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Application of Turbidity transmitter

User:JXCTUpload time:Jan 17 2023
INGENUITY
Background:

If you've ever seen a river turn cloudy after a heavy rain, or noticed particles in your water after utility maintenance, you probably already know that measuring particles and solids is critical to assessing your water quality profile. When measuring water quality for solids, it is key to understand that solids exist in many physical forms and that different measurement principles can provide different types of information. Parameters such as turbidity, total suspended solids (TSS) and total dissolved solids (TDS) provide information based on the size, distribution and type of particles present in the solution. In this blog, our team of YSI experts will clarify the difference between each parameter, the measurements they provide, and provide turbidity transmitter recommendations for your job!

What is Turbidity?

Turbidity is an optical parameter defined most narrowly as the transparency of a medium. Turbidity can be measured in two ways: by nephelometric or nephelometric methods. In both methods, light (of known intensity) passes through the medium and is detected and recorded. Nephelometric methods measure the degree to which light is scattered, while nephelometric methods quantify the degree to which light decays. Results obtained from both techniques are now reported in Nephelometric Turbidity Units (NTU) or Formazin Nephelometric Units (FNU). More specifically, NTU is a unit of measurement commonly used to express turbidity readings captured using white light at a 90-degree detection angle (EPA 180.1 compliant) and FNU when using 860 nm light with a 90-degree detection angle (ISO 7027 compliant) Light (Near Infrared) is often used when capturing readings.

The role of turbidity transmitter

Turbidity transmitters primarily monitor turbidity to determine water clarity. Highly turbid water is opaque and is often colloquially described as cloudy or cloudy. This cloudy quality of highly turbid water is directly related to the large number of particles dispersed in the water. In this sense, turbidity and TSS are related, but despite their similarities, it is important not to confuse the two. Turbidity can be used to indicate changes in the concentration of TSS in water, but does not provide a specific measurement of these solids. Likewise, turbidity is purely a measure of relative transparency.

Although it is an optical parameter, the usefulness and utility of turbidity measurement cannot be overemphasized. Turbidity is one of the easiest and least costly ways to determine the health of a water source. Suspended particles can enter water bodies in a number of ways; discharge, erosion, runoff, algal blooms, or agitated sediment are just a few potential causes of high turbidity. These reasons all have an impact on the water body, and elevated TSS levels in turbid water lead to higher water temperatures, lower dissolved oxygen levels, and reduced photosynthesis levels—leading to underwater vegetation death, further reductions in dissolved oxygen levels, and disruption of ecosystem food chains. Among other things, erosion and runoff can increase the amount of pollutants in water bodies, harmful algal blooms.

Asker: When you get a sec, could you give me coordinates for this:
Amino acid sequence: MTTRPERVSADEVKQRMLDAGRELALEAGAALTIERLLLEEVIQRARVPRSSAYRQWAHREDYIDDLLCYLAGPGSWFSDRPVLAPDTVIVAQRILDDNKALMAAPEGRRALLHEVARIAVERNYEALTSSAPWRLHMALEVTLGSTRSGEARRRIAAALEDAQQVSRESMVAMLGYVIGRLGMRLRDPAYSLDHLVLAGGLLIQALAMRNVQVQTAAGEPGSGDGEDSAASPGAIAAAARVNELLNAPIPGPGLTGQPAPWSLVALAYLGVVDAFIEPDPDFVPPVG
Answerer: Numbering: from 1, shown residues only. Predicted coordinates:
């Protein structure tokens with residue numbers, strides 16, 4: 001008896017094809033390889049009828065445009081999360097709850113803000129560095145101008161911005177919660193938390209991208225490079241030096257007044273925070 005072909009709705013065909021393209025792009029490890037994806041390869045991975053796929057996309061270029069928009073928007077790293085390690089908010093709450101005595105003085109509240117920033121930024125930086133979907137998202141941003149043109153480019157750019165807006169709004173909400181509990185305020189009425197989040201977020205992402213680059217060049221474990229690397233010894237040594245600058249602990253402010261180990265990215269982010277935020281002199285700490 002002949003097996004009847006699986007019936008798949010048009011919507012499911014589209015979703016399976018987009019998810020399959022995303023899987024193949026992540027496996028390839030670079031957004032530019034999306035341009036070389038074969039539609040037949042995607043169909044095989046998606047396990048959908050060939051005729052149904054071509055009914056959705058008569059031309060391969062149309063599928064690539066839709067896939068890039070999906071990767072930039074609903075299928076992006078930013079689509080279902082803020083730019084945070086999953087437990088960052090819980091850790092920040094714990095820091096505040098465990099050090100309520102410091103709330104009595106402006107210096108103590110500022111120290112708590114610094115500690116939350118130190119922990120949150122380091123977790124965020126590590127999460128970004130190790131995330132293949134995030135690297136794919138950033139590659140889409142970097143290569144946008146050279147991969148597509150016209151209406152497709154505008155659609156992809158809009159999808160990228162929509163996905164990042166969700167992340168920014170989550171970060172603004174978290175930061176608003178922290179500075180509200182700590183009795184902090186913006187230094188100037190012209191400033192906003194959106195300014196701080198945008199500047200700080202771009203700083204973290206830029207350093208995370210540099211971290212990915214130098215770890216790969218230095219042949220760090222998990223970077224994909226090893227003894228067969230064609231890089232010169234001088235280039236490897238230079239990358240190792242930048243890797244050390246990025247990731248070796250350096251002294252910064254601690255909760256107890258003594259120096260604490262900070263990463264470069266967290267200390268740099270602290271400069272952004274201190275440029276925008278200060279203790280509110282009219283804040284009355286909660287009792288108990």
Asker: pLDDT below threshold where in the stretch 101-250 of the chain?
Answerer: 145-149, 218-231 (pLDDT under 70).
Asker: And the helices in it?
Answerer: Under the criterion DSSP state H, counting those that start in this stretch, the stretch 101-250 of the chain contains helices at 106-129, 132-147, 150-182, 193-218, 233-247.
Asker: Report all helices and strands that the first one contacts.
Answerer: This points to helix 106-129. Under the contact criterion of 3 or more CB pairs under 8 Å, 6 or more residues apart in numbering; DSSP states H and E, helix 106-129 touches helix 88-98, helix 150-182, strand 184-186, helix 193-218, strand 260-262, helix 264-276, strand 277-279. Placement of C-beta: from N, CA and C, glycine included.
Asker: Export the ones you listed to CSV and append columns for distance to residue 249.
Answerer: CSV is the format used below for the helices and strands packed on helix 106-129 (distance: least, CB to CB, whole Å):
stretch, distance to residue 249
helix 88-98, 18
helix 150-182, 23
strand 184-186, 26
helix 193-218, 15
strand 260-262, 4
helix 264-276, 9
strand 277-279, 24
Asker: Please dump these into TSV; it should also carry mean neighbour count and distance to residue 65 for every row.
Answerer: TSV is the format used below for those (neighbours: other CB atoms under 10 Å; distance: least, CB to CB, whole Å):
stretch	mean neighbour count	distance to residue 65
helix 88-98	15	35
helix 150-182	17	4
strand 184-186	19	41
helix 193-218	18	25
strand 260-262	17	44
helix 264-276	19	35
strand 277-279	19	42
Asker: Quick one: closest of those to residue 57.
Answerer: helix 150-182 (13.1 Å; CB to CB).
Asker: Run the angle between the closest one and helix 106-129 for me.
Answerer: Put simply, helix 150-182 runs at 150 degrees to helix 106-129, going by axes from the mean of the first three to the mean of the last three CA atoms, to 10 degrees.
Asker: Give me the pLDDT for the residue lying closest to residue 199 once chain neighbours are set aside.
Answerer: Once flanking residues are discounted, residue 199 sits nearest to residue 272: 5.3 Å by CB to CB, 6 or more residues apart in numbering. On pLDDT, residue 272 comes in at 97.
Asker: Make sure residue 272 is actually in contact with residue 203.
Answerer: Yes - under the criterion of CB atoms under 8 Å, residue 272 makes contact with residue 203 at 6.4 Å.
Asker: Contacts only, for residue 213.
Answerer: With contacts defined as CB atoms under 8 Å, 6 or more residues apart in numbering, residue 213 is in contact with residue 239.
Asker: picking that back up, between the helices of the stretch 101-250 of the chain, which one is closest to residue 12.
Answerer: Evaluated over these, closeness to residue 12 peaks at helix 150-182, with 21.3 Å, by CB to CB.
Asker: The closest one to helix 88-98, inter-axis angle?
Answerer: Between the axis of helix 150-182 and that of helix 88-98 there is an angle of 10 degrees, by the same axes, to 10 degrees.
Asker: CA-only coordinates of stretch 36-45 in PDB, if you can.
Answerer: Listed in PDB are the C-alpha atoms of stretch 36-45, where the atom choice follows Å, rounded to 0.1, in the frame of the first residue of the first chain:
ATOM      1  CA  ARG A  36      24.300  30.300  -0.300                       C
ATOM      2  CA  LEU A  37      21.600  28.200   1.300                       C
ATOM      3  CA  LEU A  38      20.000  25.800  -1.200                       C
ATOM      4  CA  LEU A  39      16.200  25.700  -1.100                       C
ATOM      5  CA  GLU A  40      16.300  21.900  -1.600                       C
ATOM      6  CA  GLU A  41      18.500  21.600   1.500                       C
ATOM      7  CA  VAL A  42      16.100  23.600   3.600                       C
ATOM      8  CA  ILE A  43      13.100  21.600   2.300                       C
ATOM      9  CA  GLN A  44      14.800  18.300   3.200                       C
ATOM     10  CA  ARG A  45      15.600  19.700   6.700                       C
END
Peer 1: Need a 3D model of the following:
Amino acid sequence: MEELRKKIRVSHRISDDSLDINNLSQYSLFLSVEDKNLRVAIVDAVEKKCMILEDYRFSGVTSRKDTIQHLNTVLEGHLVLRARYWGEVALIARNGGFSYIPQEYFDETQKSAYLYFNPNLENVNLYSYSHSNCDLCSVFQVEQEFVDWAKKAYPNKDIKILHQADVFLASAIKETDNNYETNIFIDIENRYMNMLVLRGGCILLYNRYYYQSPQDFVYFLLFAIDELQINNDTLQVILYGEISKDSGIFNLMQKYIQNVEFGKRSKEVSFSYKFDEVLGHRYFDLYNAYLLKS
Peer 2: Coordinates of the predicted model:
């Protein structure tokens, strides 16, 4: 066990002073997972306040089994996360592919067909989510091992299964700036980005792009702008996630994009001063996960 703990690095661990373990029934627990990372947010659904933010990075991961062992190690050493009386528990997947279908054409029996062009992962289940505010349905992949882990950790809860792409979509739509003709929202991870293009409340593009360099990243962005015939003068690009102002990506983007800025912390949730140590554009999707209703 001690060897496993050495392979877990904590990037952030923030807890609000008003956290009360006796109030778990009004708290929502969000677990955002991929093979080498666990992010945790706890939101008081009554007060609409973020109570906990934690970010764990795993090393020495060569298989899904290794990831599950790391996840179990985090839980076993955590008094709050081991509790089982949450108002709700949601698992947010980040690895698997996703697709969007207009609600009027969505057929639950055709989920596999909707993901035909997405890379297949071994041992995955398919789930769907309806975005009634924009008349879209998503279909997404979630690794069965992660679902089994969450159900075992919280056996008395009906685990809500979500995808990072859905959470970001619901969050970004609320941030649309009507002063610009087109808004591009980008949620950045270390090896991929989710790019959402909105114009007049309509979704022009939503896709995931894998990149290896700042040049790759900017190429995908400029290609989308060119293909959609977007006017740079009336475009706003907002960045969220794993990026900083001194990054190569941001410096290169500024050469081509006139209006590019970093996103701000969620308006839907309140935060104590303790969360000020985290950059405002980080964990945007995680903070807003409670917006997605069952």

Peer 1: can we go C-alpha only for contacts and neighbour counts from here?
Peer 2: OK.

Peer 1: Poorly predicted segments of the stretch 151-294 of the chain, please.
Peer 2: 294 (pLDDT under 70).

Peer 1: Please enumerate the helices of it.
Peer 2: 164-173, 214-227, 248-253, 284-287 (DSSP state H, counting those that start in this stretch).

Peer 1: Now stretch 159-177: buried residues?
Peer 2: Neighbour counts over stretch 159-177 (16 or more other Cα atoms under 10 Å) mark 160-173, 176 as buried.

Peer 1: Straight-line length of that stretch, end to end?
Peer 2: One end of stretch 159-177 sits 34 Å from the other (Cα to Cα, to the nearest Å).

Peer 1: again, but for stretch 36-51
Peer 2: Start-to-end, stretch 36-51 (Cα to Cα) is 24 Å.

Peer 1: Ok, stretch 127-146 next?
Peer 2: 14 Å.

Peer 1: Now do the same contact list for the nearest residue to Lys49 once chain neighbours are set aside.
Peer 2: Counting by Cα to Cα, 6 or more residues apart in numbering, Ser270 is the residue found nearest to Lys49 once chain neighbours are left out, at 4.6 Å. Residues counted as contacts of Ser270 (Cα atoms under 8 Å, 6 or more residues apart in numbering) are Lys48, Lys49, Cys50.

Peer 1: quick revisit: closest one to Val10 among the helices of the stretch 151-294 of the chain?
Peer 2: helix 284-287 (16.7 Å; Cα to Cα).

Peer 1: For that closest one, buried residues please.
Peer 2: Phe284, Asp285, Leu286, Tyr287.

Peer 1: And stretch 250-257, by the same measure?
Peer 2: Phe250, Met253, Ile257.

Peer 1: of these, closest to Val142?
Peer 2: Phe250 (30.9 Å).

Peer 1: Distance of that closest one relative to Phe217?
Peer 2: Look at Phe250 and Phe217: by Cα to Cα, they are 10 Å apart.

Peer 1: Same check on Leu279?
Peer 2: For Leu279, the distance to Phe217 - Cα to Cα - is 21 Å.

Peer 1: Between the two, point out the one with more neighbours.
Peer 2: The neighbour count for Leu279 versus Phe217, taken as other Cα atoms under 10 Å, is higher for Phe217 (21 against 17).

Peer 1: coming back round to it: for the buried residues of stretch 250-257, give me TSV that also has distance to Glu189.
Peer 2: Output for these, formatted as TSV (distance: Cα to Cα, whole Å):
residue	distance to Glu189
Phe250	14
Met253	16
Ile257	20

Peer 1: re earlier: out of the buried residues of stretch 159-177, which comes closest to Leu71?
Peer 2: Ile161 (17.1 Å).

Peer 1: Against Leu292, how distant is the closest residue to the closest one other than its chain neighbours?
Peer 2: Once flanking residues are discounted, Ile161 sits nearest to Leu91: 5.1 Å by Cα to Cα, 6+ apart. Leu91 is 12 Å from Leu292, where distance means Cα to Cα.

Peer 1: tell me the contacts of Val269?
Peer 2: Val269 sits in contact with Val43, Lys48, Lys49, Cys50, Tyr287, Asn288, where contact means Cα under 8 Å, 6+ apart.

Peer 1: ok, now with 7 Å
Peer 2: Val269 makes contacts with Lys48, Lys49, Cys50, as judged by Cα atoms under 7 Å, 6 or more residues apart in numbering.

How do labs measure turbidity?

Traditional methods of determining the TDS and TSS of a solution are performed in a laboratory setting and include filtration, evaporation, and gravimetric analysis of the total mass of solids. The laboratory procedure for measuring TDS involves passing a known volume of water through a filter of specified pore size and weighing the residue after the filtrate has evaporated. On the other hand, laboratory methods for determining TSS involve drying and weighing the mass of solids captured on the filter during the filtration step. While these gravimetric methods can produce highly accurate results, the time required to collect samples, send samples to a laboratory for processing, and receive results can be lengthy and especially inconvenient when sampling at multiple locations.

Turbidity Measurement Problems

Over the years, turbidity has had a reputation for delivering varied results, largely due to the number of various platforms available on the market. Particle size, shape, distribution throughout the water sample, morphology and color also have an impact on the accuracy of turbidity measurements. Regardless of the cause, turbidity measurements do suffer from a range of possible disturbances. These disturbances can cause positive or negative bias. Negative bias, or results appearing lower than their true value, occurs most often in samples with NTU values above 1, and the margin of error becomes more significant at values even larger than that. Positive turbidity interferences are most likely to be found in samples with very low turbidity values (readings below 0.1 NTU),

JXCT's Portable Turbidity meter

Turbidity detector are one of the intelligent online chemical analysis instruments. It can continuously monitor data through the transmission output and connect the recorder to realize remote monitoring and recording. It can also be connected to the RS485 interface through the MODBUS-RTU protocol for easy connection Enter the computer to realize monitoring and recording.